synapsed homologous chromosomes i called a
bivalent or a tetrad.
Chiasmata (crossing over sites) start
2 chromatid of each chromosomes
become distinct.The bivalent now has
formed chromatids in it called aTetrad
which is clearly visible at this stage.
Two central chromatids becomes
coiled over each other so that they
cross at number of points called
Dissolution of the synaptonemal complex
Chromosome continue to condense and then begin
to separate, revealing X shaped structures, called
2 chromosomes of bivalent now try to move apart
as they do so chromatid break at the point of
The final stage of meiotic prophase I.
Marked by terminalisation of chiasmata
Nucleolus and nuclear envelop disappear, freeing
the chromosomes into the cytoplasm.
Diakinesis represents transition to metaphase- 1
Homologus chromosomes align
as pairs on the equatorial plate of
Homologous chromosomes migrate away from each
other going to opposite poles.
Sister chromatids still remain associated at their
Nuclear membrane and
nucleolus reappear .
Nuclei are formed
Cytokinesis occur giving rise
to 2 daughter cells.
The stage between the two meiotic divisions
is called interkinesis and is generally short
Interkinesis is followed by prophase II, a
much simpler prophase than prophase I.
Figure 13.7 The stages of meiotic cell division: Meiosis II
Meiosis II : Separates sister
Proceeds similar to mitosis
THERE IS NO INTERPHASE II !
A spindle apparatus starts forming
The nuclear membrane disappears by the
end of prophase II .
The chromosomes again become
The chromosomes are positioned on the
metaphase plate in a mitosis-like fashion
Kinetochores of sister chromatids of each
chromosome pointing toward opposite poles
The centromeres of sister chromatids finally
The sister chromatids of each pair move toward
(Now individual chromosomes)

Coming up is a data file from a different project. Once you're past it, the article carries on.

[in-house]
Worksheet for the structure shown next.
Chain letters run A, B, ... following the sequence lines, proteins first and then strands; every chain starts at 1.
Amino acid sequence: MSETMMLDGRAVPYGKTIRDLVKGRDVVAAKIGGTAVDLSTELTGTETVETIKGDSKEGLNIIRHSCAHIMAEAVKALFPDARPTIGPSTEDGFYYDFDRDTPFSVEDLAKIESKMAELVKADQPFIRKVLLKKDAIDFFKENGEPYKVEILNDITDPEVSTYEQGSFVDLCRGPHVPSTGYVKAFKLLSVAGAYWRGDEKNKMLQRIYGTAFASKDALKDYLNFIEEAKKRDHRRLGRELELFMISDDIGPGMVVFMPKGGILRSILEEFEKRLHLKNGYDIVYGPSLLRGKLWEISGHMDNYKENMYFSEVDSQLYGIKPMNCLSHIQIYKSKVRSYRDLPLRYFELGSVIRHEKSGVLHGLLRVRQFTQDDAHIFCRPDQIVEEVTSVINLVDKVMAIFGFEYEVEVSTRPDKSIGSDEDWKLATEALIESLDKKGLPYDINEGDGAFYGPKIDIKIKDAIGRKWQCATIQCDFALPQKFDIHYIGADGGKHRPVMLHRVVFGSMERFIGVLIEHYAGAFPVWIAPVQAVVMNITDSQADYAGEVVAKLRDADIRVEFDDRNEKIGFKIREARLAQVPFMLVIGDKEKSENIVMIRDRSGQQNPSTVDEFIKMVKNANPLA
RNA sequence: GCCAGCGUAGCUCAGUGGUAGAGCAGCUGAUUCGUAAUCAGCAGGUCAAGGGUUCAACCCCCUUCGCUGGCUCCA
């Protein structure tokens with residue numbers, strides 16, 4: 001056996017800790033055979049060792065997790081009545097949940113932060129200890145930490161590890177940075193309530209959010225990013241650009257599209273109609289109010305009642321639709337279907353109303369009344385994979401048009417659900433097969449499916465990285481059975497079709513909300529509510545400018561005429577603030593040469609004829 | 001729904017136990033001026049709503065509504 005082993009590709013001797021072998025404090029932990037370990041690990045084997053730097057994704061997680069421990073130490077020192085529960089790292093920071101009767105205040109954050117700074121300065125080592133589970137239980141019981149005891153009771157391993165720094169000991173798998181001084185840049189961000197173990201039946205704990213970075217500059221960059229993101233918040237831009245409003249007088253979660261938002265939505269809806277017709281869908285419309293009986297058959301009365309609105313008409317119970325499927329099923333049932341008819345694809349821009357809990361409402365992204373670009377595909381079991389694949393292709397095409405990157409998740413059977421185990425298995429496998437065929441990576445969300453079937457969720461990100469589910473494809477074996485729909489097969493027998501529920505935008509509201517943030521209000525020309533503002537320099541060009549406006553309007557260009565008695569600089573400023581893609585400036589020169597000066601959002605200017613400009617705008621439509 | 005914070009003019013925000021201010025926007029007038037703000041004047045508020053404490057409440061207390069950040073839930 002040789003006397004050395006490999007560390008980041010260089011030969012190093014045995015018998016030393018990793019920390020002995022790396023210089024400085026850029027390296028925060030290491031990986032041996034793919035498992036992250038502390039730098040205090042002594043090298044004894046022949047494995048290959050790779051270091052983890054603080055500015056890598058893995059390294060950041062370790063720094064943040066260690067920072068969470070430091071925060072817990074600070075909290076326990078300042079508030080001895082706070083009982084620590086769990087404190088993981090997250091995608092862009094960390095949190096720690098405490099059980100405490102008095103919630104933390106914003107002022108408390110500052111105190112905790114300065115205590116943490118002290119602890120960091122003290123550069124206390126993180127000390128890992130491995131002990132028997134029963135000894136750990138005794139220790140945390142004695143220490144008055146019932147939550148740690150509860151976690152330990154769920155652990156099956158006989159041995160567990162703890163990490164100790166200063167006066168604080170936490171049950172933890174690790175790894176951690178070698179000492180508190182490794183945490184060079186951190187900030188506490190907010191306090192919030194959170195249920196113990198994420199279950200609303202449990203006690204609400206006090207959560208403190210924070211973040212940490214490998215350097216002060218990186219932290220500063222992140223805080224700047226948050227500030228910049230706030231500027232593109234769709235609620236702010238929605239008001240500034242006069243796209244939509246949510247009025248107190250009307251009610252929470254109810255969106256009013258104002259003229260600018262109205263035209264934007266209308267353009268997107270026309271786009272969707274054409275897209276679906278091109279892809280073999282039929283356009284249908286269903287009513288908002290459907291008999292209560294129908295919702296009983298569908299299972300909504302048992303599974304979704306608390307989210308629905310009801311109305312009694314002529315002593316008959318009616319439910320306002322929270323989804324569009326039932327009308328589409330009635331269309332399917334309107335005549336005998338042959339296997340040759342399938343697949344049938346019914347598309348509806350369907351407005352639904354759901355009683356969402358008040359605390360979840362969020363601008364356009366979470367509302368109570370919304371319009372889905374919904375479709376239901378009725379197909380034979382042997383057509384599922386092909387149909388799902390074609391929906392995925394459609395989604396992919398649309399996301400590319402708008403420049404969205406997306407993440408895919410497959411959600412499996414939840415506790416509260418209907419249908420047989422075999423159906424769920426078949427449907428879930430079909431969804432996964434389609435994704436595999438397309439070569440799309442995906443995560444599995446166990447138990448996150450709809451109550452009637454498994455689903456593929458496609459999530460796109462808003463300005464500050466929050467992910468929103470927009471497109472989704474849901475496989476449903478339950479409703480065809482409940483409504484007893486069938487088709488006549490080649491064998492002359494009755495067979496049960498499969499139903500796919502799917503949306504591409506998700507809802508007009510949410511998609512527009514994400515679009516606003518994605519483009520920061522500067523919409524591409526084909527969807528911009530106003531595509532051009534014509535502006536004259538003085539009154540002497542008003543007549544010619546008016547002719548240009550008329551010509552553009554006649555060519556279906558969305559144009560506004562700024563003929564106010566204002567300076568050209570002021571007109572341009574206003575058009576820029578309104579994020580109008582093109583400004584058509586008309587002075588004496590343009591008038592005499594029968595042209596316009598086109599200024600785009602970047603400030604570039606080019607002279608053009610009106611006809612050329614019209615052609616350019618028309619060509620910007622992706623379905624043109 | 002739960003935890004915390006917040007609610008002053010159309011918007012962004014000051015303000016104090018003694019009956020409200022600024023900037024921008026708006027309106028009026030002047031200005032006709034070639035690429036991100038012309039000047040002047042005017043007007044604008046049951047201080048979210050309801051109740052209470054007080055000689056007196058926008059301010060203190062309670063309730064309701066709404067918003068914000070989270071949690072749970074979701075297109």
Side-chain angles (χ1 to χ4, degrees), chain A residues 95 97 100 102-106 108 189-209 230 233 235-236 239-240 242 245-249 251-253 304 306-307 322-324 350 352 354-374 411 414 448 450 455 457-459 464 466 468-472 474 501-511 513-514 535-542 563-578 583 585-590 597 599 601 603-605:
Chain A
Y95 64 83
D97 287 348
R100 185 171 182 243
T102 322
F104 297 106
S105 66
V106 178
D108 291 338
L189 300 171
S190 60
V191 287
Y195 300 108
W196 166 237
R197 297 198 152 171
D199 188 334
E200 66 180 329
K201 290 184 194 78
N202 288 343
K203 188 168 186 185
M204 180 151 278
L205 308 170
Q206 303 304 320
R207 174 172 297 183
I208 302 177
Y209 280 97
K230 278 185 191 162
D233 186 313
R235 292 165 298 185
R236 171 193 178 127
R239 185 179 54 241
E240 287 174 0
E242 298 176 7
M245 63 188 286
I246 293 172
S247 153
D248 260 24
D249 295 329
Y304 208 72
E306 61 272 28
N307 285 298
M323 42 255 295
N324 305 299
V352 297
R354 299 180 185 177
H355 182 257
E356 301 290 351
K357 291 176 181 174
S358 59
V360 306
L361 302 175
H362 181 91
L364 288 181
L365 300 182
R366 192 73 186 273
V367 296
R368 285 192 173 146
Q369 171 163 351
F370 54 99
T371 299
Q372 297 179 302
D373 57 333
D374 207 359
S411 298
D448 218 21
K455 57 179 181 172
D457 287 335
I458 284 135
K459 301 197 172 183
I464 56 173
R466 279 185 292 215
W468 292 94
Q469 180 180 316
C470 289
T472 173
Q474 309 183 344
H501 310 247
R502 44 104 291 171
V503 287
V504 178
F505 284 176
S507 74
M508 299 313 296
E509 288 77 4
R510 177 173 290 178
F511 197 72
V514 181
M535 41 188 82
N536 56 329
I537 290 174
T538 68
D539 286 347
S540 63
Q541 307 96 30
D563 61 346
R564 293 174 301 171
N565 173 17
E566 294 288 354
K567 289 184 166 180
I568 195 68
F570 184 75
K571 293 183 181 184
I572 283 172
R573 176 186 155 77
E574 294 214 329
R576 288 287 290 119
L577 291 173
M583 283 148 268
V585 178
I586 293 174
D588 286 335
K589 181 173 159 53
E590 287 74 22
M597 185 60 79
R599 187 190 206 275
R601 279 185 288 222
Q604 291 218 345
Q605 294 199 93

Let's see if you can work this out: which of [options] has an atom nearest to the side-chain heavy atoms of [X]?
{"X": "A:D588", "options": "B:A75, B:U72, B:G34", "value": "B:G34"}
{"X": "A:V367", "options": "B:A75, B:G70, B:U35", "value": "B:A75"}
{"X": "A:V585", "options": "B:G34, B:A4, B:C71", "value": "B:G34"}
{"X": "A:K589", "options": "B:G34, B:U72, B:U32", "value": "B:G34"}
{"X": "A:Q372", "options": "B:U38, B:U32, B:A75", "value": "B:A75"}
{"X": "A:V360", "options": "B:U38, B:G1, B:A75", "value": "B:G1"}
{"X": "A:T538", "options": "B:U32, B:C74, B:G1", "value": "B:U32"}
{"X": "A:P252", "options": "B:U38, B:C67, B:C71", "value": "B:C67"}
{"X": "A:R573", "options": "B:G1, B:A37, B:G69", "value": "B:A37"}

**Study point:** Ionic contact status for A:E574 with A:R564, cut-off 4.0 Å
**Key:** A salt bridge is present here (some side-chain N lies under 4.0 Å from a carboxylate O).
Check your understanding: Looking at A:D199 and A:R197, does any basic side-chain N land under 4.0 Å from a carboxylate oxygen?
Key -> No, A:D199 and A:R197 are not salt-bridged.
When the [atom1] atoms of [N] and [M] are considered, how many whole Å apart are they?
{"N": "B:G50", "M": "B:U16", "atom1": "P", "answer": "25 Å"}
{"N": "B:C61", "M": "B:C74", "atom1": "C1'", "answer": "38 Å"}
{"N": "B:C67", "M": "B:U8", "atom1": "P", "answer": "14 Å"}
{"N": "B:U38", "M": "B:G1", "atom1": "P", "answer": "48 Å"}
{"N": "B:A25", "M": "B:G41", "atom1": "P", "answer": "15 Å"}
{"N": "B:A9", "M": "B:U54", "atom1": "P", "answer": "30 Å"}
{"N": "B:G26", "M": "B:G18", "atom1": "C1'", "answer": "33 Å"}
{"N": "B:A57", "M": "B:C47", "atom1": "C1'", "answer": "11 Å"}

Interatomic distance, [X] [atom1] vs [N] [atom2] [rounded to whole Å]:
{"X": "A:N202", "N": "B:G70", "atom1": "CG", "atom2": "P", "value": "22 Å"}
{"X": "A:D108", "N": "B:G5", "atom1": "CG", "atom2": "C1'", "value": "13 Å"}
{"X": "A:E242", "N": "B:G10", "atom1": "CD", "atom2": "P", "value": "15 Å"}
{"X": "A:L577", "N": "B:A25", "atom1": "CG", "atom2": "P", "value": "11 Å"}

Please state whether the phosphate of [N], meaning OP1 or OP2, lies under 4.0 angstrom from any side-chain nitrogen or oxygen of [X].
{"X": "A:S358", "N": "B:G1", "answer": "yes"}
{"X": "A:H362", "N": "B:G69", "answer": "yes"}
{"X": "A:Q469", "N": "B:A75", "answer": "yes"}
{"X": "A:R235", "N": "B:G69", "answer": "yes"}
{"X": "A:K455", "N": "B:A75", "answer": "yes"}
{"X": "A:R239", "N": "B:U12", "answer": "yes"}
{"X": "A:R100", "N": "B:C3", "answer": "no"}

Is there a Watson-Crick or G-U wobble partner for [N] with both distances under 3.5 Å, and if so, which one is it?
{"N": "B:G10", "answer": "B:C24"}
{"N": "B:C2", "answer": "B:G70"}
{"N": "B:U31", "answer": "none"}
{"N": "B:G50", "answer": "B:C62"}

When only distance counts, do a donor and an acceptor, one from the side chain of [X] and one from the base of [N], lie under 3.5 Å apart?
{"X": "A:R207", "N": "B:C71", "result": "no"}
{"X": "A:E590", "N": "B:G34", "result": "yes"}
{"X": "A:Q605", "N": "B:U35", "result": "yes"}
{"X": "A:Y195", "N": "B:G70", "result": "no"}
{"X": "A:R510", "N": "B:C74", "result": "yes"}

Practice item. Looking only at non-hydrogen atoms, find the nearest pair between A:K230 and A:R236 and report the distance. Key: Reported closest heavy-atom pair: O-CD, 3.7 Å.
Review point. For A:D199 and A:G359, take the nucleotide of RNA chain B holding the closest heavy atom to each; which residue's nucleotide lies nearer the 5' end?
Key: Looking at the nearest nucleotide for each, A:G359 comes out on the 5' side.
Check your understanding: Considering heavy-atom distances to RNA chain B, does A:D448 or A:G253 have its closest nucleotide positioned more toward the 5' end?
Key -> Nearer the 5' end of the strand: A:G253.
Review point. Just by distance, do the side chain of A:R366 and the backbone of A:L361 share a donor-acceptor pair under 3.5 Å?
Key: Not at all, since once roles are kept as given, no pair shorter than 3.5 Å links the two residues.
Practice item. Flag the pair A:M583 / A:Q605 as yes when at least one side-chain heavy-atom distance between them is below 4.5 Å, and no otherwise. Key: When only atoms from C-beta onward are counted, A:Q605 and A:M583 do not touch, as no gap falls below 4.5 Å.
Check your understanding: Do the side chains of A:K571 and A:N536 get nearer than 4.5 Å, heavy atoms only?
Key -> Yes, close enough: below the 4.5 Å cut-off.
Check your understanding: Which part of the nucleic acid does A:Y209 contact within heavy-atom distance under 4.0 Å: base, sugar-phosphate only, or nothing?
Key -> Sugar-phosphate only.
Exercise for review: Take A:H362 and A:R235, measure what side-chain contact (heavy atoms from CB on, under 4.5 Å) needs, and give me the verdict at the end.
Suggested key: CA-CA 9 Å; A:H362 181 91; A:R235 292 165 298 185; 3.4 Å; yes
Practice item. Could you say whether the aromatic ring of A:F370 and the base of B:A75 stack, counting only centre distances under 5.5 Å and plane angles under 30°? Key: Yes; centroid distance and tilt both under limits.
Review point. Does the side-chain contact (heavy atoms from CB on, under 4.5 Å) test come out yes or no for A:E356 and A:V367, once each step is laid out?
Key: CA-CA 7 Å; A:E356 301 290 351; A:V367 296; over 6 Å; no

Telophase II and Cytokinesis
Nuclear envelop forms around two groups of
chromosomes once again .
Cytokinesis follows resulting into four haploid
Haploid cells (n)
Cell cycle checkpoints
They are used by the cell to monitor and regulate the progress of the cell cycle.
Checkpoints prevent cell cycle progression at specific points, allowing verification of
necessary phase processes and repair of DNA damage.
The cell cannot proceed to the next phase until checkpoint requirements have been
Several checkpoints are designed to ensure that damaged or incomplete DNA is not
passed on to daughter cells.
Three main checkpoints exist:
1. G1/S checkpoint . G1/S transition is a rate-limiting step in the cell cycle and is
also known as restriction point.
2. G2/M checkpoint.
p53 plays an important role in triggering the control mechanisms at both G1/S and
3. Spindle assembly checkpoint, between
metaphase and anaphase
Cell cycle can be arrested if spindle fibers are
not attached properly to chromatids
Regulation of the Cell Cycle
Cyclin: major control switch for the cell cycle
Cdk (Cyclin-dependent kinase (phospohorylation)): major control switch; activated by cyclin;
causesG1 S or G2 M.
Cyclins form the regulatory subunit and Cdks the catalytic subunit
DNA damage checkpoints, including tumor suppressor genes
p53: protein that blocks the cell cycle if DNA is damaged and can cause apoptosis.A p53 mutation is the most
frequent mutation leading to cancer.
Two families of proteins are involved in involved in the regulation
i) Cyclin-dependent protein kinases (Cdks)
a)Cyclin-Dependent Protein Kinase (Cdks)
A Cdks is an enzyme that adds negatively charged phosphate groups to other molecules in a
process called phosphorylation.
Through phosphorylation, Cdks signal the cell that it is ready to pass into the next stage of the cell
Cyclin-Dependent Protein Kinases are dependent on cyclins & Cyclins bind to Cdks, activating the
Cdks to phosphorylate other molecules.
Cyclins are named such because they undergo a constant cycle of synthesis and degradation
during cell division.
When cyclins are synthesized, they act as an activating protein and bind to Cdks forming a cyclin-
This complex then acts as a signal to the cell to pass to the next cell cycle phase.
Eventually, the cyclin degrades, deactivating the Cdk, thus signaling exit from a particular phase.